Railroads to NMB: Keep Labor in MediationWritten by Frank N. Wilner, Capitol Hill Contributing Editor
The nation’s railroads today asked the National Mediation Board (NMB) to keep at the bargaining table the dozen unions with which they are negotiating wage, benefits and work rules amendments to national labor contracts.
Two of those unions had petitioned the NMB to declare a bargaining impasse, with the other 10, which bargain under a second coalition, signaling they will soon file a similar petition.
Were the NMB to declare a bargaining impasse, it could open the door to a nationwide rail work stoppage in late spring or early summer at the same time the American economy struggles with a supply chain crisis and escalating global military hostilities. Dating to the Civil War, railroads perform a vital military supply role.
The two unions asking an impasse be declared are the Brotherhood of Maintenance of Way Employes Division of the Teamsters Union (BMWED) and the Mechanical Division of the International Association of Sheet Metal, Air, Rail and Transportation Workers (SMART-MD).
The Railway Labor Act (RLA), which governs labor-management relations in the railroad and airline industries, has as a core objective avoiding interruptions to interstate commerce. It instructs that parties in collective bargaining exert “every reasonable effort” to settle disputes peacefully. That is not occurring, the NMB was told by the National Carriers Conference Committee (NCCC), which represents rail carriers. In fact, there has been not one face-to-face bargaining session, in part owing to the Covid pandemic.
Although the sides exchanged demands for contract amendments in November 2019, and formal bargaining was to begin in January 2020, “for almost six months in 2020, the unions refused even to meet by video conference,” the NCCC told the NMB in its March 11 letter.
And since NMB guided mediation began with BMWED and SMART-MD in June 2021, they have “failed to respond meaningfully to the carriers’ counterproposals and other suggestions for moving the process forward,” the NCCC said. “As such, the parties have not yet come close to exhausting every reasonable effort to reach agreement” as required by the RLA. There is no timeline under the RLA for the completion of compulsory mediation.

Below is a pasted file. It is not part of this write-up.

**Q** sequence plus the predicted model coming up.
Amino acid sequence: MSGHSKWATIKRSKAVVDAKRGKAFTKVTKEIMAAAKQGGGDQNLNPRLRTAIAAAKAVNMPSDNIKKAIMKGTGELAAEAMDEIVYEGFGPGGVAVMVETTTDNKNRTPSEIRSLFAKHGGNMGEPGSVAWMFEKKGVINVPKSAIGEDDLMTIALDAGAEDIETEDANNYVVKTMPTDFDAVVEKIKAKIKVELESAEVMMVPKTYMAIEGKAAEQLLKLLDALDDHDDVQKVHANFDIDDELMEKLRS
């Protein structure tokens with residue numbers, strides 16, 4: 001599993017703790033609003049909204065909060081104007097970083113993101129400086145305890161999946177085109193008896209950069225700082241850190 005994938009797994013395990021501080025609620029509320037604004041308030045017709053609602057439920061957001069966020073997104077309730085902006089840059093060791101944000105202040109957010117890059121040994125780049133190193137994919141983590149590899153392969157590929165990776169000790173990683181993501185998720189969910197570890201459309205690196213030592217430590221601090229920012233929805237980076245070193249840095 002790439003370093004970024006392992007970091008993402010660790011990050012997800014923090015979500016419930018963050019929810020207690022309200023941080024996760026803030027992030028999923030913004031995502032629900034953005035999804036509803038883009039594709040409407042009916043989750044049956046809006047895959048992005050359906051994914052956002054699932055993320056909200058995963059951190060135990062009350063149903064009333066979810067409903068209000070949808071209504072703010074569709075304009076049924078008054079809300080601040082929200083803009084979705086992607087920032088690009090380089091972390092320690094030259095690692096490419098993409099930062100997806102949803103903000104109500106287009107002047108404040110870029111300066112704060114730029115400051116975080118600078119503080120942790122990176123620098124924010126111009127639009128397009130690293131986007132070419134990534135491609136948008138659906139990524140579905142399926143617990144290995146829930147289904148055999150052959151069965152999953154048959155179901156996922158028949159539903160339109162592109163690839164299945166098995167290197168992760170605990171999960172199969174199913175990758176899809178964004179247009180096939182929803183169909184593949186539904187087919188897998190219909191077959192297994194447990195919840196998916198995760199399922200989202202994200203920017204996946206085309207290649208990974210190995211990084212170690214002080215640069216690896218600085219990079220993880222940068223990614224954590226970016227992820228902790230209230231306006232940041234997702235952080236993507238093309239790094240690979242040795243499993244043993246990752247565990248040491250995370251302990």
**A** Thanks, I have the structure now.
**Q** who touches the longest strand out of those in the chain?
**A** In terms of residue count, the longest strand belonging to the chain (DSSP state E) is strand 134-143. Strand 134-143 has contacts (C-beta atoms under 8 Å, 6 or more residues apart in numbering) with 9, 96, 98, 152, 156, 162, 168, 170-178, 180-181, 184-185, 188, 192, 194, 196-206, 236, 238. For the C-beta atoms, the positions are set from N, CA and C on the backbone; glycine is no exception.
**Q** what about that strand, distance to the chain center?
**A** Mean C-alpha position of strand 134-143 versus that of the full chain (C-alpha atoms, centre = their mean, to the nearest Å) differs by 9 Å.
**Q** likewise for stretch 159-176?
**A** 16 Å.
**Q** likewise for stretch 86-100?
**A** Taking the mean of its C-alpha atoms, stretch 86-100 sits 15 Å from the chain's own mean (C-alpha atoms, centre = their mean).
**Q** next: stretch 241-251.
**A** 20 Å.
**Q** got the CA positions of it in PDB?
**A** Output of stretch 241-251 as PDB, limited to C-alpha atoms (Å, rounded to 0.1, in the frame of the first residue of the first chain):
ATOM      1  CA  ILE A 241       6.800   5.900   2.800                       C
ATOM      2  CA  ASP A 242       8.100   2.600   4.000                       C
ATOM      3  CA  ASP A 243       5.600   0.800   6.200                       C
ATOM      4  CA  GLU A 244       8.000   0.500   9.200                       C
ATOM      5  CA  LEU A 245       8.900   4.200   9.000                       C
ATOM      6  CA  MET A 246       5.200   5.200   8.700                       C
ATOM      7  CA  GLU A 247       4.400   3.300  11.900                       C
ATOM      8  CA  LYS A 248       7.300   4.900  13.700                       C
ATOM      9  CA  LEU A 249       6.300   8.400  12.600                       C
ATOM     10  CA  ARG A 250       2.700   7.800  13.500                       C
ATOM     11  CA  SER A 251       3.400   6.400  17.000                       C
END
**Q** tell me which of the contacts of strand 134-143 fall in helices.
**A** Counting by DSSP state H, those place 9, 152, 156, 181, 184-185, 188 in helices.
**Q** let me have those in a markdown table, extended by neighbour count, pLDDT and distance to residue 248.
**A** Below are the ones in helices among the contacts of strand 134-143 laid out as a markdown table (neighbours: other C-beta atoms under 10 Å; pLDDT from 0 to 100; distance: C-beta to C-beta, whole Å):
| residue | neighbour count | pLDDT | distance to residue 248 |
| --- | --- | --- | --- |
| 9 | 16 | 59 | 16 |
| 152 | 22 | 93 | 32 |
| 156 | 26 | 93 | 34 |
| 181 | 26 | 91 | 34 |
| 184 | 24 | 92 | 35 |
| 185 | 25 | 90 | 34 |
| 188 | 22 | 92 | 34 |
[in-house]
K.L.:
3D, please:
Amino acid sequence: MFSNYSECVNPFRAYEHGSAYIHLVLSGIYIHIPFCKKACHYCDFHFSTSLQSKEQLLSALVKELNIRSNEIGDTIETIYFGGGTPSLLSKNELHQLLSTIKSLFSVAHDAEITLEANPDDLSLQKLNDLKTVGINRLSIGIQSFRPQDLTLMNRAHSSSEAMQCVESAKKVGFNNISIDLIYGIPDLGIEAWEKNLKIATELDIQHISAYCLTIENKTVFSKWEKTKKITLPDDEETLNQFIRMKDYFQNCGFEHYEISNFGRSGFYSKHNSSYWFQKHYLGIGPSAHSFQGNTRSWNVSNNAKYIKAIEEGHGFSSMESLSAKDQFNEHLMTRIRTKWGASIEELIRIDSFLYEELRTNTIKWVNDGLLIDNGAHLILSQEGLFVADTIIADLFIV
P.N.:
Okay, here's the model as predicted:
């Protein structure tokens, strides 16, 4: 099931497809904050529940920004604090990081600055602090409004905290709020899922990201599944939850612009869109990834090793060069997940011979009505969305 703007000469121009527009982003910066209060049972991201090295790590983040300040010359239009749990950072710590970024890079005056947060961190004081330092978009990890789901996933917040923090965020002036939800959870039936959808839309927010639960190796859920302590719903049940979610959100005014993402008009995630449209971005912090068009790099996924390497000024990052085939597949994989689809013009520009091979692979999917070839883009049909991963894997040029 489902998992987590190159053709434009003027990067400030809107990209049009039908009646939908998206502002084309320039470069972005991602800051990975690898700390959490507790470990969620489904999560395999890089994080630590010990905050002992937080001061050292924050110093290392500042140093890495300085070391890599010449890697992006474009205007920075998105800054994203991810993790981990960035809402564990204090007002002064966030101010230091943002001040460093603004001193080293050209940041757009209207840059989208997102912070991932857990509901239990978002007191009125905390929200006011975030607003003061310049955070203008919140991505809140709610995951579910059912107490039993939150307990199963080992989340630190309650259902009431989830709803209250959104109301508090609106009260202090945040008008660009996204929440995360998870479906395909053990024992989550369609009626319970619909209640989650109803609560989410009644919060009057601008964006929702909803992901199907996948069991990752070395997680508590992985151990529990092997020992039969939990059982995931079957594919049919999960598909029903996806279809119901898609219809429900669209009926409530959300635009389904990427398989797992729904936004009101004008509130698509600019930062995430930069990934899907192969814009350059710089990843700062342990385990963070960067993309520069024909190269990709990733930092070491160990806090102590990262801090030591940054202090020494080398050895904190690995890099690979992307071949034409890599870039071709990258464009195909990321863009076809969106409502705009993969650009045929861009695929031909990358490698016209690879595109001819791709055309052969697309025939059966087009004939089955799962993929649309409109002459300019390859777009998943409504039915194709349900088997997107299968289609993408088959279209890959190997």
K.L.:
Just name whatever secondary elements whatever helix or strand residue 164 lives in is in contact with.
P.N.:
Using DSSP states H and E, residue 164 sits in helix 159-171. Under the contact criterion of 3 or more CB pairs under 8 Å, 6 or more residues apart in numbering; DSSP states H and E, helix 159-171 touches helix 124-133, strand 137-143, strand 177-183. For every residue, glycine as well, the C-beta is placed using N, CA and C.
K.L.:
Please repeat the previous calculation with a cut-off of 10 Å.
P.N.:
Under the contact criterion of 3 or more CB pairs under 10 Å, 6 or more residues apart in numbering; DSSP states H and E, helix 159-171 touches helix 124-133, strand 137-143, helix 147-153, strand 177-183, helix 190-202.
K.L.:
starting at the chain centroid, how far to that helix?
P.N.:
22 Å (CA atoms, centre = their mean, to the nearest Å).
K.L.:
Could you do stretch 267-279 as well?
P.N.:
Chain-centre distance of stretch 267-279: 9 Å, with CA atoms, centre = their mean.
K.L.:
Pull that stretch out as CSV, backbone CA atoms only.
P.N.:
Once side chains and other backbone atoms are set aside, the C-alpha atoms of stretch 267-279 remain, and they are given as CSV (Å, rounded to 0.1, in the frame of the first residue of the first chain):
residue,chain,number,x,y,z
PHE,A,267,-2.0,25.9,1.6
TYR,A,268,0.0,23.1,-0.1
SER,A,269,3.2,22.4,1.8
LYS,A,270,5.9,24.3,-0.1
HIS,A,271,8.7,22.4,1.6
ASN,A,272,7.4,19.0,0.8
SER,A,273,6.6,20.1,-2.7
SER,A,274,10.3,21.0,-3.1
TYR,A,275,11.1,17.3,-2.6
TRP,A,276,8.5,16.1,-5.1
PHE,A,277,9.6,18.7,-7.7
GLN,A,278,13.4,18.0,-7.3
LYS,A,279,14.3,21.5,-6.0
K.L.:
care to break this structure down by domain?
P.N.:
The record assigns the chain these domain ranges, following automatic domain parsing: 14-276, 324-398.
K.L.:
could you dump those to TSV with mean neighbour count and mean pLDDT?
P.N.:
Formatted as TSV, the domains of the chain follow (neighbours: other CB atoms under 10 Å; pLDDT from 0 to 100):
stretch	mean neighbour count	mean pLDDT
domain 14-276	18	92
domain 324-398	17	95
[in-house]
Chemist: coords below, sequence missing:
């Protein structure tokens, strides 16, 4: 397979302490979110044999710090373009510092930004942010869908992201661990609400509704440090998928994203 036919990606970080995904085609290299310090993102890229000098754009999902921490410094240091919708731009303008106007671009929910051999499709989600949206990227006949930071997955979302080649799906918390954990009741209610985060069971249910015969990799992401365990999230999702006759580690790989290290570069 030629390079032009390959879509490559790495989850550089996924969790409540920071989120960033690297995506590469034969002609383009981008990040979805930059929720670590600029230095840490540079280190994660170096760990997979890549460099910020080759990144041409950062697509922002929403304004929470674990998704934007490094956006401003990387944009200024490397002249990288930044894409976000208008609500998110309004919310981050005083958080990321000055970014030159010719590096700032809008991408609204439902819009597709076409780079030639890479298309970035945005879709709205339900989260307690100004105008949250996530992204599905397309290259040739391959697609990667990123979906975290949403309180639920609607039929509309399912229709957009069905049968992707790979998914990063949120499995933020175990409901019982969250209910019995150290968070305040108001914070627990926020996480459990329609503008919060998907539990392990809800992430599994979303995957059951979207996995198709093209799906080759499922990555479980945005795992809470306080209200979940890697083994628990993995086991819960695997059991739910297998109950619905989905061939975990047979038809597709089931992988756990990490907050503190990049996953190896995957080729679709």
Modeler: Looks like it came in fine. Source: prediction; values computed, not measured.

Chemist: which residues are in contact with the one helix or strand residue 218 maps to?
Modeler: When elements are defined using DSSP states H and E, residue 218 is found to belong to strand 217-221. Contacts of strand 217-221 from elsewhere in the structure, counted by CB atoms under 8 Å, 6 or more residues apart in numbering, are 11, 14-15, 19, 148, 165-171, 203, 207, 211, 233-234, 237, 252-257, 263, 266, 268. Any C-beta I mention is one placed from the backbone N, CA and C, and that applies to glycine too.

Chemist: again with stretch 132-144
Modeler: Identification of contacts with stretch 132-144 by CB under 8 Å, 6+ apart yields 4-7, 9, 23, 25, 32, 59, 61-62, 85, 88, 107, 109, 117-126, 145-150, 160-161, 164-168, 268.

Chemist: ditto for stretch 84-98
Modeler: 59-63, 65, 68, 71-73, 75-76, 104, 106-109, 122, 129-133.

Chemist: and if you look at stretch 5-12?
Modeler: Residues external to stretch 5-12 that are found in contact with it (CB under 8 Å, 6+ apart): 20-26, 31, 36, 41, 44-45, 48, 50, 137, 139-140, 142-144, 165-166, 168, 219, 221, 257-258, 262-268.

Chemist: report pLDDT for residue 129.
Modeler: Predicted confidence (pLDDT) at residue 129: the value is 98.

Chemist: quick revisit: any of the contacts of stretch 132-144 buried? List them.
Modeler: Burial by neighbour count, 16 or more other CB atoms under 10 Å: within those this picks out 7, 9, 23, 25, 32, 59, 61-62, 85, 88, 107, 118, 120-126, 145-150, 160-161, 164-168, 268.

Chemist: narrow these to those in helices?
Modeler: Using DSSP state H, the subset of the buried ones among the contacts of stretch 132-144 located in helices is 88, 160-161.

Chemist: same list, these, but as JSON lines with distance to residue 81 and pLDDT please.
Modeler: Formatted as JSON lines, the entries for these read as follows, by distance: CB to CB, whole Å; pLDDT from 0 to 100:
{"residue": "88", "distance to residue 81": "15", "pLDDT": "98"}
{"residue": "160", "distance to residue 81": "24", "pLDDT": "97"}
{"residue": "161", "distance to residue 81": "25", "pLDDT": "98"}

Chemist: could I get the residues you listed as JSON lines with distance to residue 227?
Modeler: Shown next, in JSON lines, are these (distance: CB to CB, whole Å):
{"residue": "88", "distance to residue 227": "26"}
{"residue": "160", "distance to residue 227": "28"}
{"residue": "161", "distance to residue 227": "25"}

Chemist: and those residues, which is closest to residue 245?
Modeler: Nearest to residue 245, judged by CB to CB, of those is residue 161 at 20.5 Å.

As for the other 10 unions—bargaining with the carriers in a separate coalition that includes the Brotherhood of Locomotive Engineers and Trainmen (BLET) and the Transportation Division (conductors and other ground service workers) of SMART (SMART-TD)—they have yet to commence NMB guided mediation. These 10 unions represent 80% of the 115,000 unionized rail workers affected by the contract talks, while the BMWED and SMART-MD coalition represents the other 20%.
Unlike labor law affecting most other industries, the RLA provides that collectively bargained agreements never expire, but be periodically amended—as is the purpose of the current negotiations—with existing contract terms remaining in force. Amendments become retroactive.
Significantly, declaration by the NMB of a bargaining impasse starts a clock that can include creation of a White House-appointed Presidential Emergency Board to make non-binding recommendations for settlement. Further failure to reach a voluntary agreement can result in a work stoppage. As the RLA has, at that point, run its course, only Congress can send rail workers back to their jobs—as Congress did, and always has, within hours of a nationwide rail work stoppage.
Evidence of the RLA being a manual for labor-management peace—ensured through protracted NMB-guided mediation—is that there has not been a nationwide rail work stoppage since 1991, more than three decades ago.
Then, as has been the case historically, Congress acted within hours—and, also typically, on terms not favorable to labor. In 1991, with Democrats controlling the House and Senate, Congress voted overwhelmingly to end a strike, with one of labor’s staunchest supporters, Sen. Ted Kennedy (D-Mass.), defending his vote as “good for business, good for the economy and good for the nation.”
As for current negotiations, the NMB historically has resisted requests to declare an impasse during election years, as congressional lawmakers abhor making politically controversial votes while campaigning. Given current supply chain chaos and domestic economic and military uncertainties associated with the Russian invasion of Ukraine, it is highly unlikely the Biden Administration cares to be faced with the prospects of a nationwide rail shutdown.
The NMB is a three-member federal agency with two of the current members Democrats. Previous Democratic majorities on the NMB have held the parties in mediation during election years.
Capitol Hill Contributing Editor Frank N. Wilner is author of six books, among them Amtrak: Past, Present, Future; Understanding the Railway Labor Act; and Railroad Mergers: History, Analysis, Insight, all published by Simmons-Boardman Books. Publication of his seventh book, “Railroads & Economic Regulation,” is pending by Simmons-Boardman Books. Wilner earned undergraduate and graduate degrees in economics and labor relations from Virginia Tech. He has been Assistant Vice President, Policy at the Association of American Railroads; a White House appointed chief of staff at the Surface Transportation Board; and director of public relations for the United Transportation Union. He is a past president of the Association of Transportation Law Professionals. Wilner drafted the railroad section of the Heritage Foundation’s Mandate for Leadership (Volumes I and II), which were policy blueprints for the two Reagan Administrations; and was a guest columnist for the Cato Institute’s Regulation magazine.
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